By Irina Echarry
HAVANA TIMES – The mattress was thrown away right there at the entrance to the building. A neighbor yelled to another to tell her that she wanted to take it: No, leave it, it has bugs! They tossed it in the flower beds on a pile of dry leaves, plastic bags, and cardboard.
It wasn’t easy to get it down from the fourth floor, let alone out of bed; Throwing it was the only option and the bugs likely spread all over the garden and on the stairs. God knows where they ended up.
But the bed already had a purpose, it was given to “an old man who has nothing”. The poor man’s life becomes more difficult to bless him. It is better for him to continue sleeping on the sofa, on the floor, or wherever the man spends his nights.
People saw the mattress a mile away. Not only did it stand out for its blue lining, but also because it feels strange when someone throws away a mattress in good condition. Until recently, you had to pay way more than $ 100 to buy one. and they cost a lot more now with the reforms.
Of all the pests that are currently ravaging Havana – with all their might – bedbugs are the quietest. In general, people talk about scabies or lice fairly easily, especially now that mites are so prevalent and the lack of medication forces people to seek help. However, bedbugs are usually synonymous with shame and filth here in Cuba.
Myths and hiding places
It’s not just in beds. Here I spray our wicker couch.
That’s not true though, bed bugs don’t particularly care if a place is clean or dirty. They just need a place to hide and, of course, someone with blood to feed on.
My body’s first reaction was itching on the back of my thighs. It’s scabies, I was told. I thought it was more like atypical scabies because the spots are usually different. Mine were small, all in a straight line, and they didn’t fester. The unbearable itching soon moved to other corners of my upper body and arms. Since my neighbor and other friends who went to her home had similar symptoms, we all quickly figured it was indeed scabies.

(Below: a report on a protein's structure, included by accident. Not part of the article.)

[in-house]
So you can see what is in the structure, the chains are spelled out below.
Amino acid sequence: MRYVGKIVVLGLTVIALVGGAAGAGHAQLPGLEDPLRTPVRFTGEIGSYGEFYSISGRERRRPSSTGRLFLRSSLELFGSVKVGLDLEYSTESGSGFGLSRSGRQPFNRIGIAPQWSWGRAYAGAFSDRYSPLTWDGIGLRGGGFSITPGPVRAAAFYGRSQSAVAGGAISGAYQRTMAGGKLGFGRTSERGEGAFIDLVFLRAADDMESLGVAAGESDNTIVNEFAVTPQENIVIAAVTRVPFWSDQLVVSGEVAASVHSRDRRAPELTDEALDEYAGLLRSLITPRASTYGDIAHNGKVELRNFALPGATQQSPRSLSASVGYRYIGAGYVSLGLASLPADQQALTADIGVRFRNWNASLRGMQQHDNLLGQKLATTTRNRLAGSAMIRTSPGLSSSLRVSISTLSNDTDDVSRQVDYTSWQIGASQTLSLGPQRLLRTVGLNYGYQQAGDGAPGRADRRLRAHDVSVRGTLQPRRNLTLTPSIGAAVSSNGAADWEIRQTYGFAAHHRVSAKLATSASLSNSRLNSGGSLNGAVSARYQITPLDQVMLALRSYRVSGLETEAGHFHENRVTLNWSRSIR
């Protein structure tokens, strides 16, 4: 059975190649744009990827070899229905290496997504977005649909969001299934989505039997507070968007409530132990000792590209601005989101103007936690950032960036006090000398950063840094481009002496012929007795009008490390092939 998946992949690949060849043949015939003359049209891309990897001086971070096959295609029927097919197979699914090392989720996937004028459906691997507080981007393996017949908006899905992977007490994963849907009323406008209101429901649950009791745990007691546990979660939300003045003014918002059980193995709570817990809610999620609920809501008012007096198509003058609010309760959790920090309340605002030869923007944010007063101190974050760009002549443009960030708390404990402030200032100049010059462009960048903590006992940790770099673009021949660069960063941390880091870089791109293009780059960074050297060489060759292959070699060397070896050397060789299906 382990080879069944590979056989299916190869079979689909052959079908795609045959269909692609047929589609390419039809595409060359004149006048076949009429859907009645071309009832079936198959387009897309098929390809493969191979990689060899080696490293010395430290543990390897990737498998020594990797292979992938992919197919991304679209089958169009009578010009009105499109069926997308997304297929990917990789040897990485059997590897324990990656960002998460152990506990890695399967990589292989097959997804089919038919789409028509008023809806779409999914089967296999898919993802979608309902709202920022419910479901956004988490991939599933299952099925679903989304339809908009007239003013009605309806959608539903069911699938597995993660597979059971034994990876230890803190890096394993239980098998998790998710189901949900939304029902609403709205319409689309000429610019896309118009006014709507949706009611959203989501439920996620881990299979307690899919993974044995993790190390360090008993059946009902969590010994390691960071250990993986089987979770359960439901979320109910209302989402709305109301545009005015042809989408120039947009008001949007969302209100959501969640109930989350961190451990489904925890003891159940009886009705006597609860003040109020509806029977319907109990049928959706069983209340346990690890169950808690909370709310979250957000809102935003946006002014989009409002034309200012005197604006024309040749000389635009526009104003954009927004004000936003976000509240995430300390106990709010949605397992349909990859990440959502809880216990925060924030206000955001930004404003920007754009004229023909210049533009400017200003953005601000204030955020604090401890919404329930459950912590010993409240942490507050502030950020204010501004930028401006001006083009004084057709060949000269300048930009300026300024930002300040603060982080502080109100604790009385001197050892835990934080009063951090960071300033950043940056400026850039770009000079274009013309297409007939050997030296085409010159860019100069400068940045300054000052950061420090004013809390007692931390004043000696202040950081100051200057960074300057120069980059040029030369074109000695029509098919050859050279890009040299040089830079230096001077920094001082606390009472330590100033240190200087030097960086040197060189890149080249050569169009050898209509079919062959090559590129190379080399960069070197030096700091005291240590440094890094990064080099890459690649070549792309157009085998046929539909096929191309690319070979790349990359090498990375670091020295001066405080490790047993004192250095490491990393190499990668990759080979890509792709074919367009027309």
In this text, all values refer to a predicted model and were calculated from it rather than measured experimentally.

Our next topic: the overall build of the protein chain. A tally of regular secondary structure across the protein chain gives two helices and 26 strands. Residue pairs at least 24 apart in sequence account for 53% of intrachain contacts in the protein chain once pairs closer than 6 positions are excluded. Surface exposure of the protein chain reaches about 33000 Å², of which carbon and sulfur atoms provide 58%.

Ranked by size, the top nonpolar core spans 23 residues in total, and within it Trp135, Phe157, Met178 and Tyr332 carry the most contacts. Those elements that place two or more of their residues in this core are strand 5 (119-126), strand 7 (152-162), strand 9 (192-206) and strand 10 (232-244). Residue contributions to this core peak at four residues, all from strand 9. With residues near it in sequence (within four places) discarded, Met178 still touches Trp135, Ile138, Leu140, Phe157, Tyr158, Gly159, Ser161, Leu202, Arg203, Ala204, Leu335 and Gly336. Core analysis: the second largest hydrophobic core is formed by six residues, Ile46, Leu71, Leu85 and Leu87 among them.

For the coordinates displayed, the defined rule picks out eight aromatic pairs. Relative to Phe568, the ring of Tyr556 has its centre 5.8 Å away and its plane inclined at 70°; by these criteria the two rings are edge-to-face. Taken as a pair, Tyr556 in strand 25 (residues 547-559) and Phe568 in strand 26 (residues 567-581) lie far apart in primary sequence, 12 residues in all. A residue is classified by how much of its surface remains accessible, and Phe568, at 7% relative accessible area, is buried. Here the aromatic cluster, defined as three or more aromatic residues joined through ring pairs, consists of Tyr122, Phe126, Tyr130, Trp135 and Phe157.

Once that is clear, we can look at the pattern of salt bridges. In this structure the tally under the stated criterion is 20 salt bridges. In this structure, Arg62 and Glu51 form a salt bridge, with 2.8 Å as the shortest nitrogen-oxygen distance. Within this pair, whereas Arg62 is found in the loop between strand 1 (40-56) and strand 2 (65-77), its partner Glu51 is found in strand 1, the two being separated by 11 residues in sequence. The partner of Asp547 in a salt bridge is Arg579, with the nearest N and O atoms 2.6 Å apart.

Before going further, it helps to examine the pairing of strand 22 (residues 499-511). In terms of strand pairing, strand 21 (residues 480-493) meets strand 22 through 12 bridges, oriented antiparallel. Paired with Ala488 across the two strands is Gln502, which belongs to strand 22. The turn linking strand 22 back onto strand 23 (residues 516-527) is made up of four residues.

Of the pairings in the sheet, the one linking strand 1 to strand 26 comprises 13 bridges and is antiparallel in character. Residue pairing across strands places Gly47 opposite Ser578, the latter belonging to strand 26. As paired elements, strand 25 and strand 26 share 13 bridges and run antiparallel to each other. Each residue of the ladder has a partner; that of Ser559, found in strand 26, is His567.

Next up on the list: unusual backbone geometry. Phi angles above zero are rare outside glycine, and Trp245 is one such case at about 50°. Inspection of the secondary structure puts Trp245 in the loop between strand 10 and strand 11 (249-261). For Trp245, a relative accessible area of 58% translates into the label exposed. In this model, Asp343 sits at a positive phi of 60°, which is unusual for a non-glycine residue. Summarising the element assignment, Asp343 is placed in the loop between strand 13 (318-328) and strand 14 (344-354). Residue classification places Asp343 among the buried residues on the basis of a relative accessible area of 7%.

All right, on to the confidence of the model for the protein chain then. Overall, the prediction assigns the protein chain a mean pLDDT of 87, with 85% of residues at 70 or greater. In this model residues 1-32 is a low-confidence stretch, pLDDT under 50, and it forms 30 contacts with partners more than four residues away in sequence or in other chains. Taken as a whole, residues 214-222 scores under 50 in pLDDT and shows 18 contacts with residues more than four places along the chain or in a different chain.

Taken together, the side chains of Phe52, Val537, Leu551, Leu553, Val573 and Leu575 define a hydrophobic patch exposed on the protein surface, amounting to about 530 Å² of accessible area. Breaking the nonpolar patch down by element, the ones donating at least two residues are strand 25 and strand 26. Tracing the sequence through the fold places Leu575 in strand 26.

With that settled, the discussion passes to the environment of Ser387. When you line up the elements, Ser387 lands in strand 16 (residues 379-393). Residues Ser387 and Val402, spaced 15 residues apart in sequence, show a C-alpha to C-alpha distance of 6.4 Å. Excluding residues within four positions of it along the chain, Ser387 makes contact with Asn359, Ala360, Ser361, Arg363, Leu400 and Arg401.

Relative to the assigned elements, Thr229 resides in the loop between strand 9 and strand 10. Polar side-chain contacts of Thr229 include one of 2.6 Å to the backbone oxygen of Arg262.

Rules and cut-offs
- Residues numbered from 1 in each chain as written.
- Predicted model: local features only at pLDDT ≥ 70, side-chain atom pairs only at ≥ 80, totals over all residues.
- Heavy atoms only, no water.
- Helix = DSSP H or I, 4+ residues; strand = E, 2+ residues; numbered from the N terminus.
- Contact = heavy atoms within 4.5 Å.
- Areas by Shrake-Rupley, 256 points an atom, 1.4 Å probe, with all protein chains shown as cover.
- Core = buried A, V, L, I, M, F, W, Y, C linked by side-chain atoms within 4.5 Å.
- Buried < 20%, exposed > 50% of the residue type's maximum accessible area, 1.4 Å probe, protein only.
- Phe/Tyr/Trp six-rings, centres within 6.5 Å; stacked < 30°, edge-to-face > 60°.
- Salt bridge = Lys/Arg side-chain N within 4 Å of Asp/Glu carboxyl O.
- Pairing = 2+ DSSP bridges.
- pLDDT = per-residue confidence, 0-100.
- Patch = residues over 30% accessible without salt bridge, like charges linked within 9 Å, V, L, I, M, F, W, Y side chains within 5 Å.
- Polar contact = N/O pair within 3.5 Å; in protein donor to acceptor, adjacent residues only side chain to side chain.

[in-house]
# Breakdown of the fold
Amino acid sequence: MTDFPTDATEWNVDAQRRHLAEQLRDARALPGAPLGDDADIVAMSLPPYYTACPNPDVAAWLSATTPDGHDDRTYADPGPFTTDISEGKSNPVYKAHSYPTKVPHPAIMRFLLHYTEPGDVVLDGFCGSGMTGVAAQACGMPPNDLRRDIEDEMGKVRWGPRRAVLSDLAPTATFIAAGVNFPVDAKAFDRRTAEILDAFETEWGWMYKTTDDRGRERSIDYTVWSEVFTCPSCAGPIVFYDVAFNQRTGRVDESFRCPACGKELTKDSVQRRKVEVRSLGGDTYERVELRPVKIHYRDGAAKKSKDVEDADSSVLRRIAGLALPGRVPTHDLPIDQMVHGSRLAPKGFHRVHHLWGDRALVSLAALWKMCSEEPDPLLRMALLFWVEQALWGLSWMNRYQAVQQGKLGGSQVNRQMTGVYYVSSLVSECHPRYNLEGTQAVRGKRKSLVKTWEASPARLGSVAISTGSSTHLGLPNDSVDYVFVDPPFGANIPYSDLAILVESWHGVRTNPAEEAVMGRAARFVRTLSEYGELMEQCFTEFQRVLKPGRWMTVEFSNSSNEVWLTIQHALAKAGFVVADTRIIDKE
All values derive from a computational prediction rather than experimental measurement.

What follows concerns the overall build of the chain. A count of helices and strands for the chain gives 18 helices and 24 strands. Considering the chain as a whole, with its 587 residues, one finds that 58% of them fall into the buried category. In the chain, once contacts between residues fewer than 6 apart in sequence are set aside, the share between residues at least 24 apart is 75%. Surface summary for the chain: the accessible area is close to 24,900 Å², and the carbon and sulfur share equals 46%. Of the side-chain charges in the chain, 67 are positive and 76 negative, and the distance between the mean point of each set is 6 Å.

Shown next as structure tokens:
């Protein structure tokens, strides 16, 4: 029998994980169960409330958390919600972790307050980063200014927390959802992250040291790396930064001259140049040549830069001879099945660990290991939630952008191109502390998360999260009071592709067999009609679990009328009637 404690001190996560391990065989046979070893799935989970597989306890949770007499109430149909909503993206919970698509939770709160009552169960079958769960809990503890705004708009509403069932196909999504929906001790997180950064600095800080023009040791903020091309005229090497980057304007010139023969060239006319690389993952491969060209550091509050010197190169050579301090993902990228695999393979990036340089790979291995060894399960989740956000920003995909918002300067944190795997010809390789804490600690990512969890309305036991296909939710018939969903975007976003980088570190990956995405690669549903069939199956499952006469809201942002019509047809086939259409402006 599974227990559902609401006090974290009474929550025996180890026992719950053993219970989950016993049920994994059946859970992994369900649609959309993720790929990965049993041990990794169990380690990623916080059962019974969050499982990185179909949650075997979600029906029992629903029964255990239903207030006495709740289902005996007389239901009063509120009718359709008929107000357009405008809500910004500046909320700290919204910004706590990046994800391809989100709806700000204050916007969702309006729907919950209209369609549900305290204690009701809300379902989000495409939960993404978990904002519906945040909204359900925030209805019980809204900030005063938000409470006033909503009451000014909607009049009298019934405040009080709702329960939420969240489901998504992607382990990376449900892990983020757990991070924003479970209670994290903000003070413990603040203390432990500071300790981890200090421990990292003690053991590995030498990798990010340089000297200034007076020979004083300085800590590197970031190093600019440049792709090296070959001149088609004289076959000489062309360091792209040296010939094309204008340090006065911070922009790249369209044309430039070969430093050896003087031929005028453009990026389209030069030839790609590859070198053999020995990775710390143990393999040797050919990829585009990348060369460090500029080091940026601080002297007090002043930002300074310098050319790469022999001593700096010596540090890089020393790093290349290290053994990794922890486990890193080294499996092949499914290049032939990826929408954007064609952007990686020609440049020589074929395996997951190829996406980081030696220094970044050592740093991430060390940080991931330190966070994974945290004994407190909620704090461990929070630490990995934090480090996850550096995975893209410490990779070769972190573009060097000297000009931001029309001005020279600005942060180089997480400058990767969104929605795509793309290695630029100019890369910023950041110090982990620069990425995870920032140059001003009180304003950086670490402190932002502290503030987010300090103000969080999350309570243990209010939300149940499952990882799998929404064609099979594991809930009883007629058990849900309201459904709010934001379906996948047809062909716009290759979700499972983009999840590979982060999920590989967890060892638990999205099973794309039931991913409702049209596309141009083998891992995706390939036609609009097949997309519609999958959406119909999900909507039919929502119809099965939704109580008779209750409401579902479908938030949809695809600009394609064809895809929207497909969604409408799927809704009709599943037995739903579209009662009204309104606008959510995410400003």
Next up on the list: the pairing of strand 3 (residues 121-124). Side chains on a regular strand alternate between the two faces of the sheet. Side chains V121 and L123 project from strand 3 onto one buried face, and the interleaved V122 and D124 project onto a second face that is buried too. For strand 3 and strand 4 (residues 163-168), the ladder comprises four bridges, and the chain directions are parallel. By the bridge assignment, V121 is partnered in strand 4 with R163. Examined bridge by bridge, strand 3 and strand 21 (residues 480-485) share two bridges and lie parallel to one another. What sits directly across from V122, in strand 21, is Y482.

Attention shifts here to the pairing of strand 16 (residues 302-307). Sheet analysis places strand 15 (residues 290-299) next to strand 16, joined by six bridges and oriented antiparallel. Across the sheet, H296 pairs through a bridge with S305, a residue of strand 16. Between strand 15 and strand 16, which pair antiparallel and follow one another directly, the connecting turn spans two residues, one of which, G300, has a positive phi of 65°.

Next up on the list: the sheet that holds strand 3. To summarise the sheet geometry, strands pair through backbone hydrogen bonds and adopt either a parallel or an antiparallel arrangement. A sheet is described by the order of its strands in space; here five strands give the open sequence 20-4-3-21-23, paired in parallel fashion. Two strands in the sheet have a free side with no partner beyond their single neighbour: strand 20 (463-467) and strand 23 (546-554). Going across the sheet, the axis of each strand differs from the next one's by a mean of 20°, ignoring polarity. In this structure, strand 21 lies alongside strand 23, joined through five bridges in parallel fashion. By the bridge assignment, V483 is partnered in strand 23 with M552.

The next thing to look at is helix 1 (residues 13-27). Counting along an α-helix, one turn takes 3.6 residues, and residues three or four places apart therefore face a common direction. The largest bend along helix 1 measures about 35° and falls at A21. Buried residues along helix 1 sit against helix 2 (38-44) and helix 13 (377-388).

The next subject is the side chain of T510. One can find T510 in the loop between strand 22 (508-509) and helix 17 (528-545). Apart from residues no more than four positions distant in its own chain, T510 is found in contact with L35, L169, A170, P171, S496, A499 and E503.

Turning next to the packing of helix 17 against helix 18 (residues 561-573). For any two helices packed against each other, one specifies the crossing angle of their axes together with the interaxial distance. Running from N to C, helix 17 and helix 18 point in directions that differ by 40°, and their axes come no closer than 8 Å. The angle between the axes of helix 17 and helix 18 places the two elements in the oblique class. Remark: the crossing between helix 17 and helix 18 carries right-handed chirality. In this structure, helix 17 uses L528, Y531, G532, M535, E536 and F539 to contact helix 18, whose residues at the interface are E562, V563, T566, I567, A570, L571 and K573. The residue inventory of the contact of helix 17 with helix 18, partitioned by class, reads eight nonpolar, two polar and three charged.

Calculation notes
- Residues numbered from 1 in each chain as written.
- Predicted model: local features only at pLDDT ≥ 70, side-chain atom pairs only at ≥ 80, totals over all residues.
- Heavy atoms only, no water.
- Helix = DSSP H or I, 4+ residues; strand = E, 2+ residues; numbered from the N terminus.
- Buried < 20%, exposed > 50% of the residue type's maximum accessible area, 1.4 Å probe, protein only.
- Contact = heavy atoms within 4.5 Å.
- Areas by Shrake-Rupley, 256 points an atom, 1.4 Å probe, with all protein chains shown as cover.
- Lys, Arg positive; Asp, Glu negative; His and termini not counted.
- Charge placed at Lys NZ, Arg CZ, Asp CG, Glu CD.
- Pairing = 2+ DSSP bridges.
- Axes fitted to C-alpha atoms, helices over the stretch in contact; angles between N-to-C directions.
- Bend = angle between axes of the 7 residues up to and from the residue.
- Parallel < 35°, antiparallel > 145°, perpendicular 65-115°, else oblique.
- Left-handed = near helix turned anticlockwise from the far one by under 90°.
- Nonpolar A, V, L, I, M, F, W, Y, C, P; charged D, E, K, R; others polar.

The news would come days later. I hadn’t gone to her home in a while and had taken permethrin and my itchiness miraculously disappeared. Then she told me that they had found small black bugs in her mother’s bed, “and they are not mites”. They fumigated the home a few times but were unable to completely stop the invasion.
How did they get into the building?
Who knows … Most likely it would have been via a mattress repair person. These people who go to people’s homes to fix their mattresses, set up sheds in gardens or backyards, and charge a lot for that service. A service that the state does not offer. So you have no choice but to try your luck with these private ones. My neighbor did that.
Everything would be fine if the state sold cotton wool or some other suitable filling for mattresses so that self-employed repair workers could buy them in bulk and get their job done. However, this does not happen; The only way for private workers to get this raw material is to buy it directly from people who no longer want their old mattresses, or to get it from garbage cans. The transfer of insects is therefore very dynamic and effective.
Bedbugs are avid travelers, they can travel with clothes, bags or shoes; then they hide in the most unsuspecting places. When they get to a safe place, they colonize quickly. They can lay 1-7 eggs every day after feeding on blood. Legend has it that they only live in beds, but in my apartment they managed to set up camp in a wicker chair and it cost me a lot to get them out of there: time, energy, money for fumigation (with a strong one) smelling liquid that no one can tell me what it contains) and lots of detergent to wash all the clothes in the house several times just in case.
As I went down the stairs and noticed the blue lining, I remembered the spots and itchy skin on my skin. I immediately thought I had to put a sign on the mattress to warn people. I ran up the stairs and wrote on a piece of paper: Be careful, there are bugs!
When I came back down … the mattress was already gone …
Read more from Irina Echarry here in the Havana Times.